But as the primary heads into the home stretch in New Hampshire, it feels more like a corpse than a campaign. Trump is spending just as much time in the courtroom as he is on the campaign trail. ABC and CNN were forced to cancel their New Hampshire primary debates after only DeSantis would agree to step on stage.

“It’s probably the first time since 1980 that I’ve known an election to happen without there being a Channel 9 debate,” Carney said, referring to the local ABC affiliate that traditionally co-hosts the debate.

DeSantis, the Florida governor, went back to his home state on Thursday. He’s set to return to New Hampshire on Friday, but will then shuttle off to South Carolina — where he polls in the low teens, on average, compared to the single-digits here — for the weekend.

And Haley, after a string of gaffes, has largely traded her staple “town hall” events for “rallies” and “meet-and-greets” where she can interact with voters with less chance of being picked up on a hot microphone.

She tacked on time for three voter questions and a 10-minute media availability to the end of her meet-and-greet in Hollis on Thursday morning. That came a day after DeSantis, as part of a recent about-face for his own media aversion, hammered her for doing neither and for not debating him in New Hampshire. On Friday, she has a full day of campaigning that starts just after 7 a.m. and ends after 7 p.m.

“You have the underdog in Nikki Haley who’s down by about 15 points, who’s decided to run a defensive campaign … and then you have the overwhelming frontrunner who is also not spending a great deal of time in New Hampshire because he is surrounded by his court chaos,” Dennehy said. “It’s strange.”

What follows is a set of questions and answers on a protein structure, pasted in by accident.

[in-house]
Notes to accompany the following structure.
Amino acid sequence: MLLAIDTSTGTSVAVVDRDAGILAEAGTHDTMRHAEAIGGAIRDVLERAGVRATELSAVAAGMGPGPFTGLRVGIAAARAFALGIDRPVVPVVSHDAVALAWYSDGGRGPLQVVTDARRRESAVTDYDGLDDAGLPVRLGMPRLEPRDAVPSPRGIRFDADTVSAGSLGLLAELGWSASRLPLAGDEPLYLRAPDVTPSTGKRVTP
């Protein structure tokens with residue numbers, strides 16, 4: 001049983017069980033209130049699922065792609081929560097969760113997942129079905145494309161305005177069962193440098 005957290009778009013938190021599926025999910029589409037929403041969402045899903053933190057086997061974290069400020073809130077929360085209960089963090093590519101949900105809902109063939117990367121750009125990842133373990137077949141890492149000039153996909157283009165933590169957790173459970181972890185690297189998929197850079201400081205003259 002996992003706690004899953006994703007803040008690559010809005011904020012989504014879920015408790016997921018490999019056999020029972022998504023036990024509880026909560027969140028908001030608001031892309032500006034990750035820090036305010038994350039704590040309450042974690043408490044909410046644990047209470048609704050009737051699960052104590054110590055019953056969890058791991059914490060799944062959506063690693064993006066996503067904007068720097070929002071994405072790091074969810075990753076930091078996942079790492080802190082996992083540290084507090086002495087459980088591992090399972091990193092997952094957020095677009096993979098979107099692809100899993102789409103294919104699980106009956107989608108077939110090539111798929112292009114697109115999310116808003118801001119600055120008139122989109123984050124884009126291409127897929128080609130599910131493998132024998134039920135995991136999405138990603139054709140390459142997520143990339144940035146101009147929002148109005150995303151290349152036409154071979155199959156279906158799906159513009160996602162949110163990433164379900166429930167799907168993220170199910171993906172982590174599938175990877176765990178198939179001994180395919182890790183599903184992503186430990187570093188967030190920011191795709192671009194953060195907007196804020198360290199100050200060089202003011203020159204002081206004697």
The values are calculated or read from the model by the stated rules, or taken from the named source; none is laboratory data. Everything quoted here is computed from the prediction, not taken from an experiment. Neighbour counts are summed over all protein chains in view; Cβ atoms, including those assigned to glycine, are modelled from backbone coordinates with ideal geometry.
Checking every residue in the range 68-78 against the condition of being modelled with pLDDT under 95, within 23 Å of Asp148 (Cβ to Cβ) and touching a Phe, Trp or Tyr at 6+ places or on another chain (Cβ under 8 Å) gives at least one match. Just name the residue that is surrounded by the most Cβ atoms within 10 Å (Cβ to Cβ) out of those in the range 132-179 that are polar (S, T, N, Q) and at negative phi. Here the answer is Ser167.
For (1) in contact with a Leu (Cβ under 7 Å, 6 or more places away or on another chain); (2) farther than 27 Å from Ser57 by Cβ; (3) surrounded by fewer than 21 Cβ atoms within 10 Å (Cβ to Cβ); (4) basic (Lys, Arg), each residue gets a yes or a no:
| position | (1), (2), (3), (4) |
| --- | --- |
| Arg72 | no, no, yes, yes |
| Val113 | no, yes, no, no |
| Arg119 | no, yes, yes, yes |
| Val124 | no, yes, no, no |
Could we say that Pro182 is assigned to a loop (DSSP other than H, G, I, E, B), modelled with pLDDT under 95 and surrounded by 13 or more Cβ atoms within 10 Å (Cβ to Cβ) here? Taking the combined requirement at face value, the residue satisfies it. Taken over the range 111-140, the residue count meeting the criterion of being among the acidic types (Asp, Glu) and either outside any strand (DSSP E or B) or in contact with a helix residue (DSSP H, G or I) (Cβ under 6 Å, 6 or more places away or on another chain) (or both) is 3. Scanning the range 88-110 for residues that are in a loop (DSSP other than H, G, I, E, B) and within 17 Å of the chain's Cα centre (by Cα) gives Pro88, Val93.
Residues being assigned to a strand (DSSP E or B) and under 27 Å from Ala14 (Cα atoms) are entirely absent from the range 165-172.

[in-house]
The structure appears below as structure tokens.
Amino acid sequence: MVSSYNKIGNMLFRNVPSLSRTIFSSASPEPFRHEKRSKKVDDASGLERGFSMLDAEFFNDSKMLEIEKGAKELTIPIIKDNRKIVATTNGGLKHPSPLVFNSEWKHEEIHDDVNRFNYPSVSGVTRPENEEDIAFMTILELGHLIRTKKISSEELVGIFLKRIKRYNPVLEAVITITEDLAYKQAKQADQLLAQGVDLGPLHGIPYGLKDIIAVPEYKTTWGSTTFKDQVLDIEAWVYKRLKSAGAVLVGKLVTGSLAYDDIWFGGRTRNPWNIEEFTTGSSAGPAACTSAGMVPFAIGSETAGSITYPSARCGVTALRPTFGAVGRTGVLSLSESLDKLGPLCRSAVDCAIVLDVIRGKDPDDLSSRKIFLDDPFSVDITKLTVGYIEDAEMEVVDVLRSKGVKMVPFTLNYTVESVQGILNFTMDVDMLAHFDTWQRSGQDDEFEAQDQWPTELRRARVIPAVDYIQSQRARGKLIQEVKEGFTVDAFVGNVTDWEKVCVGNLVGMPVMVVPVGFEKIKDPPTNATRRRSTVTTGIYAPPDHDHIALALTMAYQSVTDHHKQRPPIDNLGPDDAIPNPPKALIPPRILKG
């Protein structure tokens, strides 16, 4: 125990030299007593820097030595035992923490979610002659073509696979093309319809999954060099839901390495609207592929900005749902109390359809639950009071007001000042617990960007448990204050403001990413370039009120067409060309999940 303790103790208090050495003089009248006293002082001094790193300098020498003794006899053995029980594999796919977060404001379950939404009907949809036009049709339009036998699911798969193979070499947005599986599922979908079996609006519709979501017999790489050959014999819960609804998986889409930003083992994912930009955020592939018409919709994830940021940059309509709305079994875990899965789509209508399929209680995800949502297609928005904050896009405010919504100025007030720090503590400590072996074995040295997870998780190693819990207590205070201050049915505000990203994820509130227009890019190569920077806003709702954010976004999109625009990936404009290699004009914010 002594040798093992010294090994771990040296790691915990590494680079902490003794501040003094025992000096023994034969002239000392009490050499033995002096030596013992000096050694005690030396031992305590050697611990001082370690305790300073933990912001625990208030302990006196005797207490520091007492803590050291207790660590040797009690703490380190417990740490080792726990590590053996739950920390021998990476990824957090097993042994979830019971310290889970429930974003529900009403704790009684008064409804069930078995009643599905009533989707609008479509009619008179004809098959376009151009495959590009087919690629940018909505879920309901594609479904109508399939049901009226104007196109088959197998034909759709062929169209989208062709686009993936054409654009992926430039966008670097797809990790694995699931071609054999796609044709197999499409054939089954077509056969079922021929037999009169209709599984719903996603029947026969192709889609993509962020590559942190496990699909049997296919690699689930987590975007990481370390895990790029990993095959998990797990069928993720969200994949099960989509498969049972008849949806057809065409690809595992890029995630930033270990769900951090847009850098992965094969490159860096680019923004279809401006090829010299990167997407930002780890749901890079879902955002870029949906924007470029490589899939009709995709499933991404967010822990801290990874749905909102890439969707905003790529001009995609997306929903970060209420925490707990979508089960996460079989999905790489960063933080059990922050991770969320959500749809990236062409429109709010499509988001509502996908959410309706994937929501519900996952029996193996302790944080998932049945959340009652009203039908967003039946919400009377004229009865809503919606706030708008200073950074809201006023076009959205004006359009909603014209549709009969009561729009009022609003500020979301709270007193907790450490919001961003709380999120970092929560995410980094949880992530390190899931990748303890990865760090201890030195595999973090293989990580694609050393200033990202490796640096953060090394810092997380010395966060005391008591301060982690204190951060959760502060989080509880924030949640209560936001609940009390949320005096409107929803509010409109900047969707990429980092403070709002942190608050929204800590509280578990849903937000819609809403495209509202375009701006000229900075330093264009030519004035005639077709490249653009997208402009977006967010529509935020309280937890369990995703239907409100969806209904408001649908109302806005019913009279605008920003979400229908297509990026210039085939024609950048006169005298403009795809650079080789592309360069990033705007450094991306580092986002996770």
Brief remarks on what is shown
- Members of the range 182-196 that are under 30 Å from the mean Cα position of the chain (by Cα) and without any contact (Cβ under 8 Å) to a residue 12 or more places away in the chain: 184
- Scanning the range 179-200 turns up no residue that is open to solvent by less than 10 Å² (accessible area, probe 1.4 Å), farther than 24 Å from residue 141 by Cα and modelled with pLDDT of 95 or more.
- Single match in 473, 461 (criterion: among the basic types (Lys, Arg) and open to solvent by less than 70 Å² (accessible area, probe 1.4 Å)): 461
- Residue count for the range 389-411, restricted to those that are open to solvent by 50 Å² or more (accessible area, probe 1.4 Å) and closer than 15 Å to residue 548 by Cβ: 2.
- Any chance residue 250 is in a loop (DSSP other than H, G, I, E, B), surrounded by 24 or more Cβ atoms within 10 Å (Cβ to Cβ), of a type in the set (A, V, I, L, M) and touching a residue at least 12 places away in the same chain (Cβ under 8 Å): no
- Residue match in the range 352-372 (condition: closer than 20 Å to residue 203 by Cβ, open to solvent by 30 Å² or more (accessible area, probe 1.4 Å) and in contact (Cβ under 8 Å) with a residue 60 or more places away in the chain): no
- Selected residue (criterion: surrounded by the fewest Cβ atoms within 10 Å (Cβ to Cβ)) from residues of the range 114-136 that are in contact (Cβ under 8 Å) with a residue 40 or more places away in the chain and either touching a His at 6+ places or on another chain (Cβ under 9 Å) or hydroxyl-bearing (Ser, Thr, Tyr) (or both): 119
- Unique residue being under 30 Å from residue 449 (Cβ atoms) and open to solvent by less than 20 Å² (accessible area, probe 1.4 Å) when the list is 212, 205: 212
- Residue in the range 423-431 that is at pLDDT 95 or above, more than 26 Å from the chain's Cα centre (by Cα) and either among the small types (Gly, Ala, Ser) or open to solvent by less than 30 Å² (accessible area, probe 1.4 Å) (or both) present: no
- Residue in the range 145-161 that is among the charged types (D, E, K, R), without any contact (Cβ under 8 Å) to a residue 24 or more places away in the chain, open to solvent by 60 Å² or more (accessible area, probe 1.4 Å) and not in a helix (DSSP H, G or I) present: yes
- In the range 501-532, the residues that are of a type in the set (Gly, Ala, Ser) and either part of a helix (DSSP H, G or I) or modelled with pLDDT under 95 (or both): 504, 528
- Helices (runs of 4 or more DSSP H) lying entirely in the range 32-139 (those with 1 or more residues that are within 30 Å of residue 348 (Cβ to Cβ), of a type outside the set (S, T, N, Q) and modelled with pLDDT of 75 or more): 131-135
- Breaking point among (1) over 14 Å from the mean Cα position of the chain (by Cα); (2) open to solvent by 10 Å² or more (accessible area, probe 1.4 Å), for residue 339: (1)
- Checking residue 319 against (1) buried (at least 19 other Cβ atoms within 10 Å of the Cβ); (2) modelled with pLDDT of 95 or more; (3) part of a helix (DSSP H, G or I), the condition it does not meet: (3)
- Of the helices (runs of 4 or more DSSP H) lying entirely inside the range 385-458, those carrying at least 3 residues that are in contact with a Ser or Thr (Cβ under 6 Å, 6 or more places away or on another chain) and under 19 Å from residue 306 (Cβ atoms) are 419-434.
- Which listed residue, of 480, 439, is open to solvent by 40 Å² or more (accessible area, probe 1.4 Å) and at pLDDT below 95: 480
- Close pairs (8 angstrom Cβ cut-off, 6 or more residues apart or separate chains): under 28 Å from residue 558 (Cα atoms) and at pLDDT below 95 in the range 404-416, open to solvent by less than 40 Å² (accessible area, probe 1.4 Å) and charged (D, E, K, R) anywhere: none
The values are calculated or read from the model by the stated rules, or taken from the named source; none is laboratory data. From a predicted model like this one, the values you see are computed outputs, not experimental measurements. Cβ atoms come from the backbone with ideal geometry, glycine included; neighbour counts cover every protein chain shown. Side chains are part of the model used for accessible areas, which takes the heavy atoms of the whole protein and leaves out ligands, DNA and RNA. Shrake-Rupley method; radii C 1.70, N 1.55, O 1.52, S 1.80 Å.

The Democratic primary is even less relevant, with the Democratic National Committee saying it won’t count toward convention delegates. Biden’s long-shot challengers — Phillips and self-help author Marianne Williamson — are making several stops a day. But their opponent is a write-in campaign for the president, not someone they can spar with on the debate stage.

It’s a wholesale toppling of New Hampshire’s time-honored traditions, and voters are taking note.

Bob Meyer, a Dover Republican who attended Haley’s rally on Wednesday night at the American Legion in Rochester, recalled primaries past when he could go to a friend’s house and meet candidates close up. His youngest daughter became interested in the political process the year he took her to the home of Fergus Cullen, the former state GOP chair who lives nearby, to meet Jeb Bush. Meyer also has fond memories of his conversation with John Kasich at Cullen’s house.

Nothing like that happened this year.

“Part of running for president is can you handle it? Can you handle the heat of being president?” Meyer said of candidates’ willingness to take candid audience questions. “And can you handle this kind of crowd?”

John Watson, too, recalled having one-on-one time with Bush in 2016 after watching Haley, in his words, take “like three questions” in Hollis on Thursday morning and leave.

Watson, an independent from Hollis, said he still plans to vote for Haley on Tuesday.

But of this new, less-engaged primary normal, he said, “I don’t like it.”